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Trump's New Cuba Travel and Business Rules

By Christopher Coble, Esq. on November 10, 2017 | Last updated on March 21, 2019

'I am canceling the last administration's completely one-sided deal with Cuba,' President Donald Trump declared in June, announcing yet another rollback or rescission of Obama-era policies. And those new rules went into effect this week, banning Americans from doing business with 180 listed entities with ties to the Cuban military, intelligence, and security services, including over 80 hotels, stores, marinas, tourist agencies, and industries owned by the government or its subsidiaries.

So you may want to hold off packing your bags for a Havana getaway -- while U.S. citizens are prohibited from traveling to or doing business in Cuba entirely, there are some additional restrictions you should know about.

Ebbing Embargo

The Trump administration's new rules make it illegal for Americans and U.S. companies to enter into financial transactions with Cuba's military, Grupo de Administración Empresarial, S.A. (GAESA) or any of its "affiliates, subsidiaries or successors." And GAESA's reach may be broader than you'd imagine -- the military owns interests in tourism brands that operate hotel rooms, rental car companies, taxi and tour bus operations, and even convenience stores. The list of restricted entities and subentities associated with Cuban military includes 180 businesses along with Cuban government officials who are prohibited from receiving payment or gifts.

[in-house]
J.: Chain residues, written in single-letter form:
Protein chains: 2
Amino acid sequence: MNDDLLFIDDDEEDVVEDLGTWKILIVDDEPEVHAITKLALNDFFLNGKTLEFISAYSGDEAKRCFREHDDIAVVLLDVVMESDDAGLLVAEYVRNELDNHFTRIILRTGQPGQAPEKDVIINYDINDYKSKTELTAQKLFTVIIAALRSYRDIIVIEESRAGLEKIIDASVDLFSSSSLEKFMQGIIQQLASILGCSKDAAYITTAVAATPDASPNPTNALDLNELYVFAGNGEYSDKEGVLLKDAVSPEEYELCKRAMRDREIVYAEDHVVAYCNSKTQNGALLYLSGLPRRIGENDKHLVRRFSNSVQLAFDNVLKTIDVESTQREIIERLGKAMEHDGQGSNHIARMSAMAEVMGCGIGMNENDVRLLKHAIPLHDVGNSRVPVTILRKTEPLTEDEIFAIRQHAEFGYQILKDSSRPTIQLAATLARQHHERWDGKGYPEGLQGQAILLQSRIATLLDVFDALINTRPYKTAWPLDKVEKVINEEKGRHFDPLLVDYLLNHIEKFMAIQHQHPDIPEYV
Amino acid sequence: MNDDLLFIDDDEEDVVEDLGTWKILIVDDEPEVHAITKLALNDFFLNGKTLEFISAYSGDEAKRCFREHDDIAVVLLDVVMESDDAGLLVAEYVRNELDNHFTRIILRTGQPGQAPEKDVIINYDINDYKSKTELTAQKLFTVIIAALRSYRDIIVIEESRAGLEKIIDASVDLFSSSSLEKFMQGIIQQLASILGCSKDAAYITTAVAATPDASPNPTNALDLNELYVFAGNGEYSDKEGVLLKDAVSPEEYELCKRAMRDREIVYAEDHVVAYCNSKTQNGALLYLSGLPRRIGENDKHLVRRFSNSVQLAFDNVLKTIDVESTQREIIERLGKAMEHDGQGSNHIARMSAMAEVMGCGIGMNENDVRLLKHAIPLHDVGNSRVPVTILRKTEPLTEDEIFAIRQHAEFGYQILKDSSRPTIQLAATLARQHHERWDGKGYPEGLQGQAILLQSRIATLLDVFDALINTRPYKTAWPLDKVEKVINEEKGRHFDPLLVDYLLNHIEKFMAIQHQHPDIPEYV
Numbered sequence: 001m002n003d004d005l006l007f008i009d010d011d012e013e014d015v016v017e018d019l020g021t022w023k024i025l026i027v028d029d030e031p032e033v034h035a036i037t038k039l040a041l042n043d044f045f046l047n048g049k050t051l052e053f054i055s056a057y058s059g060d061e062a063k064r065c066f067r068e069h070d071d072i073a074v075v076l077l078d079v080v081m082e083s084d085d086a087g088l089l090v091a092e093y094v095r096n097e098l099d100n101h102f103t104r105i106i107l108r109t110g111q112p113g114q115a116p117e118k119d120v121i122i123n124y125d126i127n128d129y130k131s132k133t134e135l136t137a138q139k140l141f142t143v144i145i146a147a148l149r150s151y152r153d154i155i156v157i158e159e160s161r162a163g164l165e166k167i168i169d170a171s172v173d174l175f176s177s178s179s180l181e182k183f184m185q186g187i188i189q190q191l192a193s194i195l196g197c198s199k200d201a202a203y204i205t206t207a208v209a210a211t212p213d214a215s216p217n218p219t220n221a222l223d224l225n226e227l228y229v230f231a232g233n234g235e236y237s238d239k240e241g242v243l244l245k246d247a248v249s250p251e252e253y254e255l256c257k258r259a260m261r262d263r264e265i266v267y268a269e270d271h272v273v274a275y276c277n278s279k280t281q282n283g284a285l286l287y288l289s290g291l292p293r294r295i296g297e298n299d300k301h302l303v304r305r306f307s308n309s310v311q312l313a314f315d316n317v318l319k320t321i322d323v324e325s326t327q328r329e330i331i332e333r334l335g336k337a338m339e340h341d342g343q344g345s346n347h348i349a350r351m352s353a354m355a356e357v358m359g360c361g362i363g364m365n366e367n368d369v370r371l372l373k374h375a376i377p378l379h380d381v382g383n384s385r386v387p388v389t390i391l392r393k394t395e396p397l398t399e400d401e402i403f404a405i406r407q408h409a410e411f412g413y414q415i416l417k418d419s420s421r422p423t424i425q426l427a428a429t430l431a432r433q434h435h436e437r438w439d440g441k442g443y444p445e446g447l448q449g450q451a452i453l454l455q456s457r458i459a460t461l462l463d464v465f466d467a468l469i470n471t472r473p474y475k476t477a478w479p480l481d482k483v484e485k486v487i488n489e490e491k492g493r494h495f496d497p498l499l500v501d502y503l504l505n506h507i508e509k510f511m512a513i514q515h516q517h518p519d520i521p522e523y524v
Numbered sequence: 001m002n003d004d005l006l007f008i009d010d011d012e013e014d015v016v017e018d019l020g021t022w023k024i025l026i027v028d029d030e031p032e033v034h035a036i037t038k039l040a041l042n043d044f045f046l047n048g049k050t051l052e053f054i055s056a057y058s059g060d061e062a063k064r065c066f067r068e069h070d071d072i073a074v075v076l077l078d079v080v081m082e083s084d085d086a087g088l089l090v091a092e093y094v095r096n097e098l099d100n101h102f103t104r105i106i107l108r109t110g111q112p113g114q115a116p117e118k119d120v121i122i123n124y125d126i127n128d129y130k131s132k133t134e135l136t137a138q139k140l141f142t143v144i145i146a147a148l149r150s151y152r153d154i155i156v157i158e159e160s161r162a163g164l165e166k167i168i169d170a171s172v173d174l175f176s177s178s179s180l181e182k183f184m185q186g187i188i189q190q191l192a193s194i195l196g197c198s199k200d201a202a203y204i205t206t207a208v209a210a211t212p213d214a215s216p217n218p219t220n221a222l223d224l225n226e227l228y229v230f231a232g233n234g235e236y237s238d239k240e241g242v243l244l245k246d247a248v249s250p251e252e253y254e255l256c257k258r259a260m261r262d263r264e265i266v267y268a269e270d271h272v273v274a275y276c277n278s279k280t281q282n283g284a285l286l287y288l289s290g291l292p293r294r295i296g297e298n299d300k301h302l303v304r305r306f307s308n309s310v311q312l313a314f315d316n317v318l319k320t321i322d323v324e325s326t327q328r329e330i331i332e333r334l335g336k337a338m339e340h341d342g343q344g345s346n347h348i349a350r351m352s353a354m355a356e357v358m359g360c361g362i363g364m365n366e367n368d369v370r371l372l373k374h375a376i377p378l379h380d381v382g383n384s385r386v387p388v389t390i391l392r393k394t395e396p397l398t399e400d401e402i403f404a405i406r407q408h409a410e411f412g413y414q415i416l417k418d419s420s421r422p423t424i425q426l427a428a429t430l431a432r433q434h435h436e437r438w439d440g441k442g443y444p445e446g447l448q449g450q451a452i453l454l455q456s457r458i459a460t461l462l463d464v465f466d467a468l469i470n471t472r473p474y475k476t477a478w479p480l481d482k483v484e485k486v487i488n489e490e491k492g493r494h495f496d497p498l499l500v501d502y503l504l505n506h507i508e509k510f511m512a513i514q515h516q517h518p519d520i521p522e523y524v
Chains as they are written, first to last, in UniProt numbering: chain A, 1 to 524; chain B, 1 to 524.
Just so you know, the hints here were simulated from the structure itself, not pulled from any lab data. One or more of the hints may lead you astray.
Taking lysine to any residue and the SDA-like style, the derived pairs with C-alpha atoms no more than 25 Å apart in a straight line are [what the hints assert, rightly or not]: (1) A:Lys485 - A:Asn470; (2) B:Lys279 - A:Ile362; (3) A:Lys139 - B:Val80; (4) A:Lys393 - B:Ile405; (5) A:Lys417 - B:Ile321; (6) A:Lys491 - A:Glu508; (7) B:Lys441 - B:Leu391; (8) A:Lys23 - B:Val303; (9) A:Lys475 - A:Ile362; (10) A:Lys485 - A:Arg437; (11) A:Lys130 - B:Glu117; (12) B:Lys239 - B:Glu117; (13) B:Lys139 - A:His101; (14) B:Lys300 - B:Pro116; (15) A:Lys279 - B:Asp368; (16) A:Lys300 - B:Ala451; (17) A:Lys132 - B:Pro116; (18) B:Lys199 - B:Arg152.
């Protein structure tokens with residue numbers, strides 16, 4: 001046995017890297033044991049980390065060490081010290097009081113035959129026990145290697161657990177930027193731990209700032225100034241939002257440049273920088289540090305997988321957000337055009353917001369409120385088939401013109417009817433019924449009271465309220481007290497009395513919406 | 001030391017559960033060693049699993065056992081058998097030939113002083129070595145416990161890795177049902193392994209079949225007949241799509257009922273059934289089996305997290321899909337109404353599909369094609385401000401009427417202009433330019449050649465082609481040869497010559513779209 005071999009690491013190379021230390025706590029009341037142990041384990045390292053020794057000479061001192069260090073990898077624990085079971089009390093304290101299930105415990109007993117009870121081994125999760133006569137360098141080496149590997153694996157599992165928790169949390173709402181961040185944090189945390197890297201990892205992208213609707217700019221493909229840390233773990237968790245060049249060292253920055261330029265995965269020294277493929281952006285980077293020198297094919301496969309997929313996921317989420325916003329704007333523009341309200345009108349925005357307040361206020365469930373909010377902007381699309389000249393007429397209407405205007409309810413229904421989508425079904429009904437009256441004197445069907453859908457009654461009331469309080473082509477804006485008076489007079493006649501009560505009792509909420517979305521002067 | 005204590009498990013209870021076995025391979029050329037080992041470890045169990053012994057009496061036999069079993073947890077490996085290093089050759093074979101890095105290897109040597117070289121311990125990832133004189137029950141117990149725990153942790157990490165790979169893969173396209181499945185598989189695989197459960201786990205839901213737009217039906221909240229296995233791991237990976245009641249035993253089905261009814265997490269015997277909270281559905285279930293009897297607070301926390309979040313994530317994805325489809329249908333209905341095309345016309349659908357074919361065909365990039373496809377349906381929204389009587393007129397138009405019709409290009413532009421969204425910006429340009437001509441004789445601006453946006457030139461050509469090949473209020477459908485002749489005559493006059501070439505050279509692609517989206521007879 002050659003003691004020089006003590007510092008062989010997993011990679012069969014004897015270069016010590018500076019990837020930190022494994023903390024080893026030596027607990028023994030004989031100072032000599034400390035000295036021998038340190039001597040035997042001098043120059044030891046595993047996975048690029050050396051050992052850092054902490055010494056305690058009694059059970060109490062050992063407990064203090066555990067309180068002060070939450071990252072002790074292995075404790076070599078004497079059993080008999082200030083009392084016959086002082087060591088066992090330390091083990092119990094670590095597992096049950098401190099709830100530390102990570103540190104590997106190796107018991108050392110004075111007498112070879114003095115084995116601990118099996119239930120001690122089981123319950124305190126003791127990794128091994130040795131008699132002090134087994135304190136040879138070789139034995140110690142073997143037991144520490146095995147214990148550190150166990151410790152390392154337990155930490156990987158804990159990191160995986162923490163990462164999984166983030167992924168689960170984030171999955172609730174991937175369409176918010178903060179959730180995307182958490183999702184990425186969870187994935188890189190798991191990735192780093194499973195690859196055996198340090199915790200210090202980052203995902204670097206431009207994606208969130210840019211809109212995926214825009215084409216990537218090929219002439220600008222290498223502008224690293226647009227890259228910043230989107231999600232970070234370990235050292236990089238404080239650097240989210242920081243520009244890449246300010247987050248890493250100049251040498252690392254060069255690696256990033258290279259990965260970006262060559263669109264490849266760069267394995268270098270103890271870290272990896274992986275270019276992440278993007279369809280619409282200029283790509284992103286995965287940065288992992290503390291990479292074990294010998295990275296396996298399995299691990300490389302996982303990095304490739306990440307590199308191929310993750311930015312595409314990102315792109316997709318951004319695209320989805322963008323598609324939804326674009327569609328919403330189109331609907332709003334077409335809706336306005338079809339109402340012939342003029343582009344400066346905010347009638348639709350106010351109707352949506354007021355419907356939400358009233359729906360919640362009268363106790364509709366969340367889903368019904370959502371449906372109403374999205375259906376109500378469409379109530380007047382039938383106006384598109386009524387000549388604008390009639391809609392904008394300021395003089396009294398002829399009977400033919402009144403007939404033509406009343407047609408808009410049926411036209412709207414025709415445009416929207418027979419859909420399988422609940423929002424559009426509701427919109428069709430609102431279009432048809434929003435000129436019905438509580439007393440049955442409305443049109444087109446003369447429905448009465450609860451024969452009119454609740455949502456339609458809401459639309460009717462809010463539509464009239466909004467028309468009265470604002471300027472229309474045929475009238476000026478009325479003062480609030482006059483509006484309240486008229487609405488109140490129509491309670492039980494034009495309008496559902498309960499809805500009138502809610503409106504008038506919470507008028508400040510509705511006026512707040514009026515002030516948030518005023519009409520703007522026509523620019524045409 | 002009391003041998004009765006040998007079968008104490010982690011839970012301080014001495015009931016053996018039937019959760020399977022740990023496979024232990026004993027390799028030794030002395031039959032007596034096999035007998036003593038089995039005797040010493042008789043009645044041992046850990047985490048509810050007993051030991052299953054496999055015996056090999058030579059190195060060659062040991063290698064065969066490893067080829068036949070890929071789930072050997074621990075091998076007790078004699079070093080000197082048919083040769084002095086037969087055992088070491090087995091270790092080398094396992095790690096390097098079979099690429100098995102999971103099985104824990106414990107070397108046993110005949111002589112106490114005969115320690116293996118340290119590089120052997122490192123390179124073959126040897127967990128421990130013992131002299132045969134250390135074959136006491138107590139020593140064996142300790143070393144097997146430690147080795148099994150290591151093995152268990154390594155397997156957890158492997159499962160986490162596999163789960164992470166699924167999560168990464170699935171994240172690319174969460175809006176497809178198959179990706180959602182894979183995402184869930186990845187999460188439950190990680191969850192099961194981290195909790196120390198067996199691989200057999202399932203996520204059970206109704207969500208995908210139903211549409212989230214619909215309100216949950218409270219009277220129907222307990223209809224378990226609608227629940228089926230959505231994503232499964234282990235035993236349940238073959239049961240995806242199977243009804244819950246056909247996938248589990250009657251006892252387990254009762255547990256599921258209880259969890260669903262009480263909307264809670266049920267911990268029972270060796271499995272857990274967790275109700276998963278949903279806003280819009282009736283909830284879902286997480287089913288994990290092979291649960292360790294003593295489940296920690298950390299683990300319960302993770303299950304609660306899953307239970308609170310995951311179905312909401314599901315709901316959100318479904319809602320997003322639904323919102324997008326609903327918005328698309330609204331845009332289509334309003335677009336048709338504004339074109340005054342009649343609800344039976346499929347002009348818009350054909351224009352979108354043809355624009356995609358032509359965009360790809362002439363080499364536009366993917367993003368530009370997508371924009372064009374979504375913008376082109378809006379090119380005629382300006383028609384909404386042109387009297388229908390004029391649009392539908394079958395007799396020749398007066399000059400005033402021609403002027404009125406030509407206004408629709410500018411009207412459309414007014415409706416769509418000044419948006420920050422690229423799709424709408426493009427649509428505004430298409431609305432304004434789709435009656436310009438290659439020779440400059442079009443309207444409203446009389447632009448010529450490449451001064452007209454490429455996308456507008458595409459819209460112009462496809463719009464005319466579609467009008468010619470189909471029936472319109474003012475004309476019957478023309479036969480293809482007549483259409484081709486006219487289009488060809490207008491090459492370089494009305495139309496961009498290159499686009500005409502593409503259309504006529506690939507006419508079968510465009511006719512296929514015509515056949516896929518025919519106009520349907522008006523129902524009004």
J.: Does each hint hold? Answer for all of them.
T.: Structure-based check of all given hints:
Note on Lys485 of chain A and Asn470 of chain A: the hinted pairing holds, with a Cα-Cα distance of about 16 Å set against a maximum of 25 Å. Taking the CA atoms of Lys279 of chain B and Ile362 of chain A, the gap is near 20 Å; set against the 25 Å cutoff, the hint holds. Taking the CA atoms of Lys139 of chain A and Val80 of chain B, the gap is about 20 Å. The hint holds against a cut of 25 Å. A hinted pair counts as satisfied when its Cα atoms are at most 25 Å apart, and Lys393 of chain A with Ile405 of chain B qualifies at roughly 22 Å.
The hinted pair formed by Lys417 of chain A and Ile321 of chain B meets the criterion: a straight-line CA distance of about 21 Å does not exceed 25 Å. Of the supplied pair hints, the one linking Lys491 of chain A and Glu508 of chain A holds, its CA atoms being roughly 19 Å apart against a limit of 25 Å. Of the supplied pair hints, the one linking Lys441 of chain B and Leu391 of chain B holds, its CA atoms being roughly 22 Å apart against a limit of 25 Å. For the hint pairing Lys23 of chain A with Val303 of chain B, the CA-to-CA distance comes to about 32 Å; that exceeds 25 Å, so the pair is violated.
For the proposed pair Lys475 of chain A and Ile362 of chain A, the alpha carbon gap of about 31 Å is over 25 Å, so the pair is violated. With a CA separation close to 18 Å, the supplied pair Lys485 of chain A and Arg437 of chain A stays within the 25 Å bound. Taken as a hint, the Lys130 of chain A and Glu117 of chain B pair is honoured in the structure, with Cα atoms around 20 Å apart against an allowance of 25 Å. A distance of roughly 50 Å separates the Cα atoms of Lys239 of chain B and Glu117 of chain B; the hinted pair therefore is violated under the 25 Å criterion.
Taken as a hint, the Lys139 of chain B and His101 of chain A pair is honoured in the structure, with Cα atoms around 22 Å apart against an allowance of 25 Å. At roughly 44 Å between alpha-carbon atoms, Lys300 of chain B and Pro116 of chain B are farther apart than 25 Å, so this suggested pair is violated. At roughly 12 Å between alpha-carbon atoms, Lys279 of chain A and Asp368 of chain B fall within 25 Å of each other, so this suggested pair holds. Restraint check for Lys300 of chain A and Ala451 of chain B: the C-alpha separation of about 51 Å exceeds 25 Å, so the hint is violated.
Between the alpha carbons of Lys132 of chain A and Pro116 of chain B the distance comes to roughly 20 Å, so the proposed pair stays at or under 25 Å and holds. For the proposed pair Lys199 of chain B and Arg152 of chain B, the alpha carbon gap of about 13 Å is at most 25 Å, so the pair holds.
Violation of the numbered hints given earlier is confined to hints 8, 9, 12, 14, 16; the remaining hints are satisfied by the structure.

American businesses may still apply for licenses to do business with prohibited Cuban entities -- and some big names like Caterpillar and Deere & Co. snuck deals in under Trump's deadline -- but they must demonstrate how any such deal would benefit the Cuban people as opposed to the Cuban military.

Cuban Culture

The same is true for American tourists. Outright tourism remains prohibited (sorry, beach and mojito fans), and U.S. citizens traveling to Cuba must continuously participate in activities that "support contact with the Cuban people, support civil society in Cuba, or promote the Cuban people's independence."

According to Collin Laverty, president of a group that organizes such trips to Cuba, that bar shouldn't be too difficult to clear. "Americans can rest assured that it's still completely legal to visit Cuba," Laverty told the Miami Herald. "Commercial flights, cruise ships, Marriott hotels, Airbnb and top-notch tour providers continue to operate business as usual, and it takes just minutes to secure your legal trip to the island."

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